8 June 1973

Never_Never_never_Shirley_Bassey

Pos LW Weeks Song Artist
1 2 6 Never Never Never  – Shirley Bassey
2 1 12 Can’t Keep it In  – Cat Stevens
3 3 18 We Believe in Tomorrow  – Freddy Breck
4 7 5 Get Down  – Gilbert O’ Sullivan
5 4 12 The Morning After  – Maureen McGovern
6 5 15 The Love in Your Eyes  – Vicky Leandros
7 6 9 Toy Train  – John Edmond
8 8 8 Daniel  – Elton John
9 12 3 Kentucky Blues  – Lauren Copley
10 14 7 Long Haired Lover from Liverpool  – Little Jimmy Osmond
11 10 5 Stuck in the Middle with You  – Stealers Wheel
12 13 2 Tie a Yellow Ribbon Round the Ole Oak Tree  – Dawn & Tony Orlando
13 9 18 I’m on Fire  – Maria
14 11 12 Killing Me Softly with His Song  – Roberta Flack
15 16 21 I Don’t Wanna Play House  – Barbara Ray
16 15 10 It’s You (I Want to Live With)  – Peter Maffay
17 18 26 Woman (Beautiful Woman)  – Don Gibson
18 19 12 Don’t Expect Me to be Your Friend  – Lobo
19 New 1 That’s Why I Love You  – Richard Jon Smith
20 20 2 I’ll Never be the Same  – Letta Mbulu

Shirley Bassey’s ‘Never, Never, Never’ became the 140th song to top our charts as it took over the top spot from Cat Stevens’ ‘Can’t keep It In’. The latter had been at the number 1 spot for 5 weeks and it dropped into second place.

Little Jimmy Osmond’s ‘Long Haired Lover from Liverpool’ took the climber of the week honours with a 4 place jump from 14 to 10. This was the only star rater climb we saw this week. This was Little Jimmy’s second time with a star rater which matched the achievement of his brother Donny. Donny, however, never managed a biggest climber.

Maria’s ‘I’m On Fire’ was the faller of the week as it dropped 4 from 9 to 13 to take the award. 12 different local women had now seen a biggest faller with 3 of them managing it as one half of a duet.  We had seen 1 week where there had been 2 songs by local women take the faller award, but this was the second occasion where we had seen consecutive weeks with a solo local woman being the biggest faller and in both cases it was different songs that took the award as the previous week it had been Barbara Ray’s ‘I Don’t Wanna Play House’ that was the faller.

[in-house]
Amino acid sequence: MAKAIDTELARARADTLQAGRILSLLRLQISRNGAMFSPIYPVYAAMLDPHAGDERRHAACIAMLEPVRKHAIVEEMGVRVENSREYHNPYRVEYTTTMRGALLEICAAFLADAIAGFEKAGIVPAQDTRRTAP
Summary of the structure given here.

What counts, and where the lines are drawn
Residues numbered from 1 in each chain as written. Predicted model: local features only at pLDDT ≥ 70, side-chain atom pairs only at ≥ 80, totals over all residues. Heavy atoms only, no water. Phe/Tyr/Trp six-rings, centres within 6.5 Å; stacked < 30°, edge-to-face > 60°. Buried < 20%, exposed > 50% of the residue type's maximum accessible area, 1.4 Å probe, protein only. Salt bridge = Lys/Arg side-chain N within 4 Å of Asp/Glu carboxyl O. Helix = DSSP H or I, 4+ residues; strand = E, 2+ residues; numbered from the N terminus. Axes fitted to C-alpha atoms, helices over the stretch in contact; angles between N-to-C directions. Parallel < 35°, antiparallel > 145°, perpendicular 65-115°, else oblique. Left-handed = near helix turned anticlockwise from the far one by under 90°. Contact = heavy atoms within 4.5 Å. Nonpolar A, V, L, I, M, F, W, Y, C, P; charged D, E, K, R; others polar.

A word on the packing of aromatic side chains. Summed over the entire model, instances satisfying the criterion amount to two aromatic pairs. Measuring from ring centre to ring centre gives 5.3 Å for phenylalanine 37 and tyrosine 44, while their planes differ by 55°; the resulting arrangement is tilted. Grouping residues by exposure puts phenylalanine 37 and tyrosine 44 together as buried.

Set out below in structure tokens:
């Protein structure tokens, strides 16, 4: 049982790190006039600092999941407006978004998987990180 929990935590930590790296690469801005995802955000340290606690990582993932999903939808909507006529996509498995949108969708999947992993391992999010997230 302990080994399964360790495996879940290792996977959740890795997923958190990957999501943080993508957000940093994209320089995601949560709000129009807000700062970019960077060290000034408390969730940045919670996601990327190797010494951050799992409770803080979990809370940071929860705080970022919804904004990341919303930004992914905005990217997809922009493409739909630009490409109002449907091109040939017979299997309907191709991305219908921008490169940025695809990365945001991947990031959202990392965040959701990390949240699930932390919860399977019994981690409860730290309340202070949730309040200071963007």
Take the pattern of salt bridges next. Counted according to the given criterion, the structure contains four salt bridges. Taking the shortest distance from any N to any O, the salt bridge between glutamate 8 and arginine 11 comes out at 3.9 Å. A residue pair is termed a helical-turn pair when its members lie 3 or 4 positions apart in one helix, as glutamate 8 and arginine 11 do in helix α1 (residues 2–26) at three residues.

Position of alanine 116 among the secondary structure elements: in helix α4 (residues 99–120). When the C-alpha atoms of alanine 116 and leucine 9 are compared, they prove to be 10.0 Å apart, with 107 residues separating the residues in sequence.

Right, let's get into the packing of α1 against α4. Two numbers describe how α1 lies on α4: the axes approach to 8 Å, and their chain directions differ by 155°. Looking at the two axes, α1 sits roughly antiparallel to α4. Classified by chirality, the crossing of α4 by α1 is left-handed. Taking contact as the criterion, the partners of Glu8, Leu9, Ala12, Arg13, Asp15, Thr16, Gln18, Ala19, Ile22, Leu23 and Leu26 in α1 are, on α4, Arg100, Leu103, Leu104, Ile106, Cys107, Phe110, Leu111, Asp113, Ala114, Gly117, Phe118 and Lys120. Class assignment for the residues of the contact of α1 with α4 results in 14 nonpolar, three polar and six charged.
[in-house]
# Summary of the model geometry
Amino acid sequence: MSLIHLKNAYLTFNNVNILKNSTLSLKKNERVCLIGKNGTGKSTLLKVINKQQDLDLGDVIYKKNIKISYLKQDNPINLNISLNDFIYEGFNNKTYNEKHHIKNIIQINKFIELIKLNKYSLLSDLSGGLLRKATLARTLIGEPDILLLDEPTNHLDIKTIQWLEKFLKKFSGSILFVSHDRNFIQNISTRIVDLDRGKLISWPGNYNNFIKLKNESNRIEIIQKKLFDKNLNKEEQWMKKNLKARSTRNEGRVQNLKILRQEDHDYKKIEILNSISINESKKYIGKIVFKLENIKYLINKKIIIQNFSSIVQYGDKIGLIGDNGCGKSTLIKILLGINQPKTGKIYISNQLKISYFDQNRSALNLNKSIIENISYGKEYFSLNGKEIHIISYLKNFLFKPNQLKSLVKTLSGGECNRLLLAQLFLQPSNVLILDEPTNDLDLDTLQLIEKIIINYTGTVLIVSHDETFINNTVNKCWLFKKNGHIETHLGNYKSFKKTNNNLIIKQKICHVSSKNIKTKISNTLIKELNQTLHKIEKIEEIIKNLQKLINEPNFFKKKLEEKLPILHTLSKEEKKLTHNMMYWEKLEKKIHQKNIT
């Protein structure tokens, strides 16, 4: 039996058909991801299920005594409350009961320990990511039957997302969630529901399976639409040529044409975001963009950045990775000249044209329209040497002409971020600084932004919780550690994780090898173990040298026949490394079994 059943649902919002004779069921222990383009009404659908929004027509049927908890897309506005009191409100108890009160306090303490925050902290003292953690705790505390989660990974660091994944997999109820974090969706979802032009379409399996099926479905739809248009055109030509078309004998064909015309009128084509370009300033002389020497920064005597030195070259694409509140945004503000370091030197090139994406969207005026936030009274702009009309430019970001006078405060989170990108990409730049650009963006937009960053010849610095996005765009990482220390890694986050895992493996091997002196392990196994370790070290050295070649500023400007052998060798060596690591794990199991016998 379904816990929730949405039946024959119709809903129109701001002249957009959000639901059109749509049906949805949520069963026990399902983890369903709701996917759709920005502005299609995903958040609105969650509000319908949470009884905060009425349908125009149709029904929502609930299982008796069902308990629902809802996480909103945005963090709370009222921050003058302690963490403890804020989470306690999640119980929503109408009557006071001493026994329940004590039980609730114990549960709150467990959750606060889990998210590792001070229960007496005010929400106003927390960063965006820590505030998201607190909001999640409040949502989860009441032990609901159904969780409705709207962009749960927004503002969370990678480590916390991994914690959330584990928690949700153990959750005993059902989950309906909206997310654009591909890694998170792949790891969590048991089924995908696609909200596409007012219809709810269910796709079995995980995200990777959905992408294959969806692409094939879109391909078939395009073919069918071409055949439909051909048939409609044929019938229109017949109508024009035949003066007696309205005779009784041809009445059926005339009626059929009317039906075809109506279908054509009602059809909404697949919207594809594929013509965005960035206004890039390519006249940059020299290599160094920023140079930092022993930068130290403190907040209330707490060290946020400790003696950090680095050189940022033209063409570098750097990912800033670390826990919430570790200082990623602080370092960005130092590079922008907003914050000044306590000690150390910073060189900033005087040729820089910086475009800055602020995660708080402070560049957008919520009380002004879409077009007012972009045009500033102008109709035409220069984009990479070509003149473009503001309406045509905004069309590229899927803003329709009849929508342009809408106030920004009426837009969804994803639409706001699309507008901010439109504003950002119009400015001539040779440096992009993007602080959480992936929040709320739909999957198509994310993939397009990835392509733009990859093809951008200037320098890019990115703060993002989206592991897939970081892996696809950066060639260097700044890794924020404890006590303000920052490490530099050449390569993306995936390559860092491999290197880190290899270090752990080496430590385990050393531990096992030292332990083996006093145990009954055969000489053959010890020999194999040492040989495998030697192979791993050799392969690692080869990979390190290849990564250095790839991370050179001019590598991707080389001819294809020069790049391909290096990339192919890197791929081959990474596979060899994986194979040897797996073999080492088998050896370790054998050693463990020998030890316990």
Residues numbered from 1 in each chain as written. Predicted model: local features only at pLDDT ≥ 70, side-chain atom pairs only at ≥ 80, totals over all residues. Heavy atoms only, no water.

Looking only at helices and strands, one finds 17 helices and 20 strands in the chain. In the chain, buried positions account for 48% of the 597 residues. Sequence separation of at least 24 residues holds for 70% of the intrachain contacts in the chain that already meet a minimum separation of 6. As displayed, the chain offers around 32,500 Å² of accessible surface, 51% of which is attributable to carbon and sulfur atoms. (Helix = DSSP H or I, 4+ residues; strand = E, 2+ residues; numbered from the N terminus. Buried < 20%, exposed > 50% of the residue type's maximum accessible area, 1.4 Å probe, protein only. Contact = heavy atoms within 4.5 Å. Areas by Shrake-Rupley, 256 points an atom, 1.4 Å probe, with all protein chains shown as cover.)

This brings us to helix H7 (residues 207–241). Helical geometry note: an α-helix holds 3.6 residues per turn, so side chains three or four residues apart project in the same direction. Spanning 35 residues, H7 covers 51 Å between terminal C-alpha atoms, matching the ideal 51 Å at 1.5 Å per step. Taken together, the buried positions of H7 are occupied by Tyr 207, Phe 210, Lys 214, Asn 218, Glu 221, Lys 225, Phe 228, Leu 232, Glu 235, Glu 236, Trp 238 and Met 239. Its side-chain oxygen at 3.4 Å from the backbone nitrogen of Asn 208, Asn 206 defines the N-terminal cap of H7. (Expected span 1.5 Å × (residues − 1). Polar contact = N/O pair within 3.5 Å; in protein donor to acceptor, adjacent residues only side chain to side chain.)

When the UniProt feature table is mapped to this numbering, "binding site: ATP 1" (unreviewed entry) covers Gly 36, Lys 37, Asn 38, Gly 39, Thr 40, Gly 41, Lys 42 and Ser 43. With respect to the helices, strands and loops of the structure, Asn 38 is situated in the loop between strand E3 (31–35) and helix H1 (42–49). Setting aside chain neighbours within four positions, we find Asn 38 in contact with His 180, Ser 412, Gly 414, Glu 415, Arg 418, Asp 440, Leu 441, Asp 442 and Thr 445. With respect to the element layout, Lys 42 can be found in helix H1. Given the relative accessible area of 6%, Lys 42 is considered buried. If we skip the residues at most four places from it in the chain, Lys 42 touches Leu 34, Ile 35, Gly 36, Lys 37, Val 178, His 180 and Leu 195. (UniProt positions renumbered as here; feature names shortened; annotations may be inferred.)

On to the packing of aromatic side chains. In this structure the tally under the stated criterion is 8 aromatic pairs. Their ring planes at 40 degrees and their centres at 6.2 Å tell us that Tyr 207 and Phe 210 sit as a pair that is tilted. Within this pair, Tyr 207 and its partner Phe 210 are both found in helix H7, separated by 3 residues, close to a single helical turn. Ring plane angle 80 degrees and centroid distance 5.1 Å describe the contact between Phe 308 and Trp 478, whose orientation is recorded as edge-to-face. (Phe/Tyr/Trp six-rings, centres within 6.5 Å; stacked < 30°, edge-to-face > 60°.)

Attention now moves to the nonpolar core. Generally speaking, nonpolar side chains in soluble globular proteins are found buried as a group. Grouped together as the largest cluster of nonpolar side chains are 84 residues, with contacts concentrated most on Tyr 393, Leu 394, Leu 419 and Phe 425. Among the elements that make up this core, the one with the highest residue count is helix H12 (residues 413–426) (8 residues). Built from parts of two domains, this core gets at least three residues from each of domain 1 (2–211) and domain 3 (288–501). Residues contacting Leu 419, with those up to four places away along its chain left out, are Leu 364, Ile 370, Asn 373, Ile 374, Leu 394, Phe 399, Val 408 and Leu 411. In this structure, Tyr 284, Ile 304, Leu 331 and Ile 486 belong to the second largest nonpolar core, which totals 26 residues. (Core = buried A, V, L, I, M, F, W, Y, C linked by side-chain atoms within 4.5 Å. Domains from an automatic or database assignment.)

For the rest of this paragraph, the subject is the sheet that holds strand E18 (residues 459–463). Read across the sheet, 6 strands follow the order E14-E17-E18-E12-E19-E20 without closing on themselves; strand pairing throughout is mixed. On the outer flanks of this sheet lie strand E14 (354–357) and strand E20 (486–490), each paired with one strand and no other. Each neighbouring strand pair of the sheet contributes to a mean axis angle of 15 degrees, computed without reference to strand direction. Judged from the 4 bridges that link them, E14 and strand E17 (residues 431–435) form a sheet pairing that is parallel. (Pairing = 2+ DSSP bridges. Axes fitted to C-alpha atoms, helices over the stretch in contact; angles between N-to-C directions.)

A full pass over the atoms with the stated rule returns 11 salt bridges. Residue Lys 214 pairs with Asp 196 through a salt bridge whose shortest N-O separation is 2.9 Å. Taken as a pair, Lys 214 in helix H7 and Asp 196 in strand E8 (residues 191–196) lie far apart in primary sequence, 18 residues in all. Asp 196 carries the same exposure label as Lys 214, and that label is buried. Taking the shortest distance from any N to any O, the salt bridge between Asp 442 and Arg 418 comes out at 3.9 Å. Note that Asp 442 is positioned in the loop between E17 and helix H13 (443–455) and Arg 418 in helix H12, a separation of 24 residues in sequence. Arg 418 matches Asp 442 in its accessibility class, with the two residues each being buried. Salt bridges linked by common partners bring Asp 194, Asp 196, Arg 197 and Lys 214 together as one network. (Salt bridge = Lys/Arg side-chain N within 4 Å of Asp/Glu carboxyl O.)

Don Gibson’s ‘Woman (Beautiful Woman)’ drew level with Tommy Roe’s ‘Sweet Pea’ and Alan Garrity’s ‘I Need Someone’ for number of weeks as the oldest in the chart (excluding the songs on the very first chart) as it ticked over to 26 weeks with us and enjoyed its 12th as the oldest. Only The Staccato’s ‘Cry To Me’ spent more weeks as the oldest.

Middle Of The Road’s SA chart career came to an end as ‘Yellow Boomerang’ dropped off the charts this week (and no, despite the song title, it would never come back onto the charts). The song spent 6 weeks in the top 20 and peaked at 13, sharing the lowest weeks count for a hit by the band with ‘Bottoms Up, their previous hit, but peaking 3 places higher. In total Middle Of The Road managed 7 hits which spent a combined total of 81 weeks in the chart and had 1 chart topper in the form of ‘Soley Soley’ which spent 4 weeks at 1 in 2 runs of 2 weeks. In total there would be 12 acts who would see exactly 7 hits make the charts by the time they finished in 1989, of which only 2 would see a higher weeks count than Middle Of The Road, however, if one excludes the weeks those 2 accumulated from positions 21 to 30 once the charts were extended, then Middle Of The Road would be the top 7 hit act in terms of weeks.

Richard Jon Smith returned to the charts with ‘That’s Why I Love You’, his 2nd SA Chart hit. Smith penned the song himself and he saw it go to the top of the LM Radio charts for 2 weeks and make it to number 6 in what was then Rhodesia. It was produced by Robert John “Mutt” Lange and was the 4th song to make the charts where Lange was named as the producer (note, not all singles list the producer’s name). Lange had already had SA Chart success with songs he produced for Jessica Jones (2 hits) and Gries Heimer (aka David Gresham). This was the 190th local song to chart.

Ireland pulled ahead of Jamaica for weeks on the charts as Gilbert O’Sullivan gave them their 62nd week. Ireland sat 8th overall for weeks while Jamaica dropped into 9th spot. O’Sullivan himself was enjoying his 20th week in the charts and was the 115th act to reach this milestone.

Lauren Copley moved ahead of Jessica Jones for weeks in the charts and she now sat 12th on the local weeks count list on her own while Jones dropped to 13th. Copley was also now in outright second place for local woman.

Freddy Breck’s ‘We Believe In Tomorrow’ became the 19th song to reach the 300 points mark as it ticked over to 309 and sat 14th overall for points. This was the 3rd song by a non SA, UK or US act to get to this milestone.

For the 9th time in the top 20 era we saw the average number of weeks that the top 20 songs had been with us creep over the 10 mark as it moved on to 10.2

This week also saw the second of only 2 occasions where there would only be 1 group on the chart. There were 10 solo males, 8 solo females and 1 duet. Last time this happened it was The Sweet who were the only group, this week it was Stealers Wheels who flew the flag for bands.

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